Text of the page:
LEFTOVER BEEF YAKISOBA
This dish, in my opinion, does not keep well as leftovers because the noodles begin to stick together. In other words, I wouldn’t make this as a meal prep recipe.
If you want to make this ahead of time, stir fry the beef and vegetables together with the sauce.
When ready to serve, cook the noodles, then add them to the reheated beef and vegetables and stir in the sauce (on the stovetop). The use of freshly cooked noodles makes a huge difference in the texture of this dish.
TIPS FOR DELICIOUS YAKISOBA
- To reduce the amount of time spent waiting between dishes, prepare all of the ingredients ahead of time.
- It’s best to make Yakisoba in a Wok pan because it gives the food enough room to cook. If you don’t have a Wok, you can substitute any large pan.
- To ensure a well-balanced flavor, cut the beef into thin strips.
- Keep an eye on the cooking times, as the sauce can dry out and the Yakisoba can come out dry.
FAQs on Beef Yakisoba Recipe
What is yakisoba sauce made of?
Soy sauce, ketchup, Worcestershire sauce, and other seasonings combine to make yakisoba sauce, which is sweet, savory, and tangy. Oyster sauce, which has a more rich umami flavor, is used in some yakisoba sauce recipes. Because I like things spicy, I also added sriracha to my yakisoba sauce.
Does yakisoba reheat well?
With simple step-by-step instructions, you can quickly prepare this Yakisoba at home. It takes less than 30 minutes to prepare and reheats well.
Is okonomiyaki sauce and yakisoba sauce the same?
Yakisoba is a Japanese stir-fried noodle dish with a sweet and savory brown sauce. Okonomi sauce (Otafuku sauce) is excellent not only for Okonomiyaki but also for Yakisoba. You could get the rest of the ingredients at your local grocery store.
Is yakisoba the same as chow mein?
Yakisoba is a Japanese noodle dish that translates as grilled (yaki) noodles (soba). This Japanese dish is heavily influenced by Chinese cuisine and is very similar to Chinese Chow Mein. Meat and vegetables are stir-fried with the noodles.
Beef Yakisoba Recipe [Quick and Easy]
- Prep Time: 10 minutes
- Cook Time: 15 minutes
- Total Time: 25 minutes
- Yield: 1 serving 1x
Beef Yakisoba is a quick stir-fry of noodles, thinly sliced beef, and vegetables in savory Yakisoba Sauce. It’s simple to prepare and makes a filling family meal!
FOR THE NOODLES
- 2 tablespoons cooking oil, divided
- ¾ pound thinly sliced beef
- 8 ounces dried yakisoba or chuka soba noodles or 16 ounces fresh or frozen yakisoba noodles
- 1 carrot, peeled and cut into matchsticks
- ¼ green cabbage, thinly sliced
- ½ onion, diced
- 4 green onions, sliced
- 6 shiitake mushrooms, stemmed and sliced
- Black and white sesame seeds (optional garnish)
- Red pickled ginger (optional garnish)
FOR THE SAUCE
- ¼ cup soy sauce
- 2 tablespoons Worcestershire sauce
- 2 tablespoons oyster sauce
- 2 tablespoons hoisin
- 2 teaspoons chile paste
- 1 tablespoon sugar
- In a pot of boiling water, cook the noodles until al dente, about 2 minutes for dried chuka soba noodles or 1 minute for fresh noodles. To stop the cooking, drain in a colander and rinse with cool water. Allow to drain in a colander in the sink while you continue with the recipe.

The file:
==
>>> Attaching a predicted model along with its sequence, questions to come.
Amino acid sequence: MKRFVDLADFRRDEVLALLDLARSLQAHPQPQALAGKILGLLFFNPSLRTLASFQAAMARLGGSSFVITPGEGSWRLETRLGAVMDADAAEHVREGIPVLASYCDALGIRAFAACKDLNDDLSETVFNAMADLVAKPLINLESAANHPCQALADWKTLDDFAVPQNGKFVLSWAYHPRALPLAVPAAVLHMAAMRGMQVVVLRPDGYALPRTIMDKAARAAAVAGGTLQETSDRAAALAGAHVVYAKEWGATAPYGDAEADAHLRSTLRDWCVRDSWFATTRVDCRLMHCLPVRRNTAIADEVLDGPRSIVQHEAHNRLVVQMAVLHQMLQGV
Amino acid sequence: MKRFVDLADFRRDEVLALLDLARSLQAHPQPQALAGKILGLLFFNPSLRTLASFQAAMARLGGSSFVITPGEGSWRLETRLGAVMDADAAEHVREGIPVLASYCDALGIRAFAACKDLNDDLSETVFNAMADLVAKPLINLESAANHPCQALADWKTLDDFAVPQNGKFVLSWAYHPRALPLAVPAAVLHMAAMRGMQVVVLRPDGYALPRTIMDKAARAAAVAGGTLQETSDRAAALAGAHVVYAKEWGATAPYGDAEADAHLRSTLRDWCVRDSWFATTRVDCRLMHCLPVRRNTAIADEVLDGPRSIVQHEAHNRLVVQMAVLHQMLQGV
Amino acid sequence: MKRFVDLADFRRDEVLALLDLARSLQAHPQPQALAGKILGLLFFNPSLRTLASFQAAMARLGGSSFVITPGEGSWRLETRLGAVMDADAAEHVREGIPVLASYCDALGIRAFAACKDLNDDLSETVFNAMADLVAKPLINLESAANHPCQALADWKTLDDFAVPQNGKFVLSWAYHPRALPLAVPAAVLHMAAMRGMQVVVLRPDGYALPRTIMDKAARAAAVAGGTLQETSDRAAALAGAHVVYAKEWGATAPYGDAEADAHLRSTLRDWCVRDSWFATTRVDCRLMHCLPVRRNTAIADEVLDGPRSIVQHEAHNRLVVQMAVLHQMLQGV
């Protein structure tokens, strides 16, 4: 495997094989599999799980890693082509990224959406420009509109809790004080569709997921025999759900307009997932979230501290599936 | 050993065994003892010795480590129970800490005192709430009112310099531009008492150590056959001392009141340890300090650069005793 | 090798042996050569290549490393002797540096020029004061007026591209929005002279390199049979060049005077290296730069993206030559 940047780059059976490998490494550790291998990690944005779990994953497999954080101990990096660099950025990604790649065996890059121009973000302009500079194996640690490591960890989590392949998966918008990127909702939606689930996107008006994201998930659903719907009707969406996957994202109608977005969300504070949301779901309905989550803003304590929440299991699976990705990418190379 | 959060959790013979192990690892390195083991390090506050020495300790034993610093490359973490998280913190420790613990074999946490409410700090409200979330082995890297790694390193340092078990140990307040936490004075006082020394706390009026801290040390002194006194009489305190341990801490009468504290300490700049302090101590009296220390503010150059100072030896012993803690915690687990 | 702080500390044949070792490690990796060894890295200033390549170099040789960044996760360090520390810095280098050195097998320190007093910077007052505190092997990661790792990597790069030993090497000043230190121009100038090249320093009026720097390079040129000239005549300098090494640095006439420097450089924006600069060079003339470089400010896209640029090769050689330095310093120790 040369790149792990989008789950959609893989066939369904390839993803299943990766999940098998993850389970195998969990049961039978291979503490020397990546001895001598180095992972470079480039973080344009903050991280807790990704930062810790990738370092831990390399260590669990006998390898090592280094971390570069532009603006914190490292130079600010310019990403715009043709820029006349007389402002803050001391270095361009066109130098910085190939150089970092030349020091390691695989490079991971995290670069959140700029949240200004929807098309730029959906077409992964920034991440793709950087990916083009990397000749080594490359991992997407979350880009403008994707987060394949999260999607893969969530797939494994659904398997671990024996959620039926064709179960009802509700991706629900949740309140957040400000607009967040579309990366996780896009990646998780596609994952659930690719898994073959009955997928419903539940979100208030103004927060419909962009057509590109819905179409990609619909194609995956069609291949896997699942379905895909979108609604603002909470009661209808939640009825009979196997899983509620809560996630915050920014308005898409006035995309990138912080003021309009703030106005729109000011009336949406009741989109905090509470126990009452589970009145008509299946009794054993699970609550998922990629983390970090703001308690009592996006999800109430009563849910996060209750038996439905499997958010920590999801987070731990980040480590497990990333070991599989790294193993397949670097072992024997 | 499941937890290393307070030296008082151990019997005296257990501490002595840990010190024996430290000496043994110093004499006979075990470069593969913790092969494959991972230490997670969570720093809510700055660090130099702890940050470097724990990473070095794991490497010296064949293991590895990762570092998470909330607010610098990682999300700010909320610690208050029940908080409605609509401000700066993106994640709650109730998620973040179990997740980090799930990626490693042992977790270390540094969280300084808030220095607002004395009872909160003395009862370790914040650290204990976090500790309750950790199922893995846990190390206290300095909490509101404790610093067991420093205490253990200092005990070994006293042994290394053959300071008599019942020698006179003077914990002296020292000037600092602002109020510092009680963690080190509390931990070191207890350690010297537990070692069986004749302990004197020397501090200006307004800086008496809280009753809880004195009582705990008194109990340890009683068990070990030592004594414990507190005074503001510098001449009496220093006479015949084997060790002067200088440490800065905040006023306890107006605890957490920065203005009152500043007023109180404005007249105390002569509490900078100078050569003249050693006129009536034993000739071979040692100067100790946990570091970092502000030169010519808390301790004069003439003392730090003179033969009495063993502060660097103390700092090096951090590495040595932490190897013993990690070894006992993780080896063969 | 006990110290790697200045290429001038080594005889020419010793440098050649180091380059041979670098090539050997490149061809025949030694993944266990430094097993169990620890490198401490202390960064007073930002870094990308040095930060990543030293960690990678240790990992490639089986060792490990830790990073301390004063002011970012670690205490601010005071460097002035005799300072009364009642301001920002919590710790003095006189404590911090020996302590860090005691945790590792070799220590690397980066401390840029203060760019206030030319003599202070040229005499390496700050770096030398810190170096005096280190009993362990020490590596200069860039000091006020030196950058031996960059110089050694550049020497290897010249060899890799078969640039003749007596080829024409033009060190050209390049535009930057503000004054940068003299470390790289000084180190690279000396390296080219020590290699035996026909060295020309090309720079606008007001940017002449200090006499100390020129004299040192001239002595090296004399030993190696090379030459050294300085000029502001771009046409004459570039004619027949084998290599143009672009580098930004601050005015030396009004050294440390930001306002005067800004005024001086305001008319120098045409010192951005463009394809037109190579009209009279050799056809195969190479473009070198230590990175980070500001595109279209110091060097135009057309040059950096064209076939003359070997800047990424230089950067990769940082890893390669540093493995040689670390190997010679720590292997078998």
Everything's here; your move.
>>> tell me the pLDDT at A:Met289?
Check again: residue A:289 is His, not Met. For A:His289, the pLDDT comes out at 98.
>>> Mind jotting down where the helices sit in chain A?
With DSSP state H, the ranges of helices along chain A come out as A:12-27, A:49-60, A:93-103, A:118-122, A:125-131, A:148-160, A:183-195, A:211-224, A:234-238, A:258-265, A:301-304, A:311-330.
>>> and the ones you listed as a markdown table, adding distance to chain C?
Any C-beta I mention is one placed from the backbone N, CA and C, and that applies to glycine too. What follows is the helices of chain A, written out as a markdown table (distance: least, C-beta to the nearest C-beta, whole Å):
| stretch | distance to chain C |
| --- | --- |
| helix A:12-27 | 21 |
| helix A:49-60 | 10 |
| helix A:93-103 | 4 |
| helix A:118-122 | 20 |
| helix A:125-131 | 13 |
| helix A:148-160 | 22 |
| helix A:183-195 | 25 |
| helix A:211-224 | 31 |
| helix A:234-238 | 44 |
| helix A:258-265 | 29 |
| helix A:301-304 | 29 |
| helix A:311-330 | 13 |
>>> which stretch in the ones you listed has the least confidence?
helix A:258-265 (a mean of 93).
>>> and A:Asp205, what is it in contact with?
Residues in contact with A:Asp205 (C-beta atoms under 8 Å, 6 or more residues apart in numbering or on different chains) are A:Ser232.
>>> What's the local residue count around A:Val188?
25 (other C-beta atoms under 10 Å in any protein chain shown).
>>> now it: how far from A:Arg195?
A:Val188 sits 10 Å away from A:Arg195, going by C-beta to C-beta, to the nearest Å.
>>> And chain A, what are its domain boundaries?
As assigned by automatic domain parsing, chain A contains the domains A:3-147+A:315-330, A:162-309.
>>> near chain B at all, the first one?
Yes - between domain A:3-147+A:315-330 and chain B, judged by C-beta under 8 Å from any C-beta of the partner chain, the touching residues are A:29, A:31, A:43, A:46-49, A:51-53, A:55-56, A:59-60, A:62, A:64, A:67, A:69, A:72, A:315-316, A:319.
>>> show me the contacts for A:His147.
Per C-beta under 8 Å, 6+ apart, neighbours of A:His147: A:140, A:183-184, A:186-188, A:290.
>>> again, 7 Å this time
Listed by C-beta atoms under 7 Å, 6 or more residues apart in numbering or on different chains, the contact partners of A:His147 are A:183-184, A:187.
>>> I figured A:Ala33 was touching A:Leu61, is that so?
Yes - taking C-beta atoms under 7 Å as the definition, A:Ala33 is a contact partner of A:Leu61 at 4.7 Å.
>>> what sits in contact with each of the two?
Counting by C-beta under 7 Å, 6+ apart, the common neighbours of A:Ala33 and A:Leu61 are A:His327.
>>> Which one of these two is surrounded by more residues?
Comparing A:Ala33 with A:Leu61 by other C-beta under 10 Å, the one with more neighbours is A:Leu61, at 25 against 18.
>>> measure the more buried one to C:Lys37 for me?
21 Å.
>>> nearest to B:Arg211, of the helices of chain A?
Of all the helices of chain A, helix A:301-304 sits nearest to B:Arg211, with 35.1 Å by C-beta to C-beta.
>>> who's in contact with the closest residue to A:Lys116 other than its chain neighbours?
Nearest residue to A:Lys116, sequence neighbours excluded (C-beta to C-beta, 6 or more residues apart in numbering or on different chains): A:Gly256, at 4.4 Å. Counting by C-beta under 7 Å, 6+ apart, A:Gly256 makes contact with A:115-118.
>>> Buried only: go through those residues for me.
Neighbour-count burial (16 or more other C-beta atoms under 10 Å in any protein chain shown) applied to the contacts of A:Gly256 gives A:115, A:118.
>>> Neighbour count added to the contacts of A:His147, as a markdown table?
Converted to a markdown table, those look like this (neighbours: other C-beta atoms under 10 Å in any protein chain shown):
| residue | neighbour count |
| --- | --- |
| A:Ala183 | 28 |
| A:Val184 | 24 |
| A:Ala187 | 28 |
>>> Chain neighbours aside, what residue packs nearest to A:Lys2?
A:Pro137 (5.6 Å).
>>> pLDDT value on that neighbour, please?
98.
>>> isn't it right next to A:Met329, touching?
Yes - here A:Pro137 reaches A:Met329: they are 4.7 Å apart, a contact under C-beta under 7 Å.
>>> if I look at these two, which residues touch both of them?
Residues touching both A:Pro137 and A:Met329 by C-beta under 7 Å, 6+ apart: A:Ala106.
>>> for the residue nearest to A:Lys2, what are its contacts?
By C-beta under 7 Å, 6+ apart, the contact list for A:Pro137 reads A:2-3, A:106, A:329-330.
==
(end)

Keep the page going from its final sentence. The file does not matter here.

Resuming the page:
- Whisk together the soy sauce, Worcestershire sauce, oyster sauce, hoisin sauce, chile paste, and sugar in a mixing bowl.
- In a wok or large skillet, heat 1 tablespoon of the oil over medium-high heat. Cook, stirring frequently, until the beef is browned, 1 12 to 4 minutes (depending on the thickness of the strips). Transfer the meat to a plate or bowl.
- Along with the onion and carrot, add another tablespoon of oil to the skillet. Cook, stirring constantly, for about 4 minutes, or until the vegetables begin to soften.
- If necessary, add the mushrooms and the remaining tablespoon of oil to the skillet. Cook for another 2 to 3 minutes, stirring frequently, until the mushrooms soften.
- Along with the browned beef and noodles, add the cabbage and green onions. Cook for about 2 minutes, stirring constantly, until everything is warmed through and the cabbage begins to wilt.
- Cook, tossing to coat the noodles with the sauce and mix everything together, for about 2 minutes more.
- If desired, garnish with sesame seeds, scallions, and/or pickled ginger.
Look for yakisoba (usually sold fresh or frozen) or chuka soba noodles (which can often be found dried). Ramen noodles, either fresh or dried, can be used (not instant).
Bulldog Japanese Worcestershire sauce is my favorite. It is available in Japanese markets, Asian supermarkets, and online. If you can’t find it, use a British-style Worcestershire sauce, such as Lee & Perrins.
Oyster sauce, hoisin sauce, and chile paste can also be found in Japanese or Asian markets or online.
- Category: Beef
- Method: Beef
- Cuisine: Japanese
- Serving Size: 1 serving
- Calories: 588kcal
- Sugar: 11g
- Sodium: 1695mg
- Fat: 27g
- Saturated Fat: 7g
- Unsaturated Fat: 18g
- Trans Fat: 1g
- Fiber: 5g
- Protein: 35g
- Cholesterol: 79mg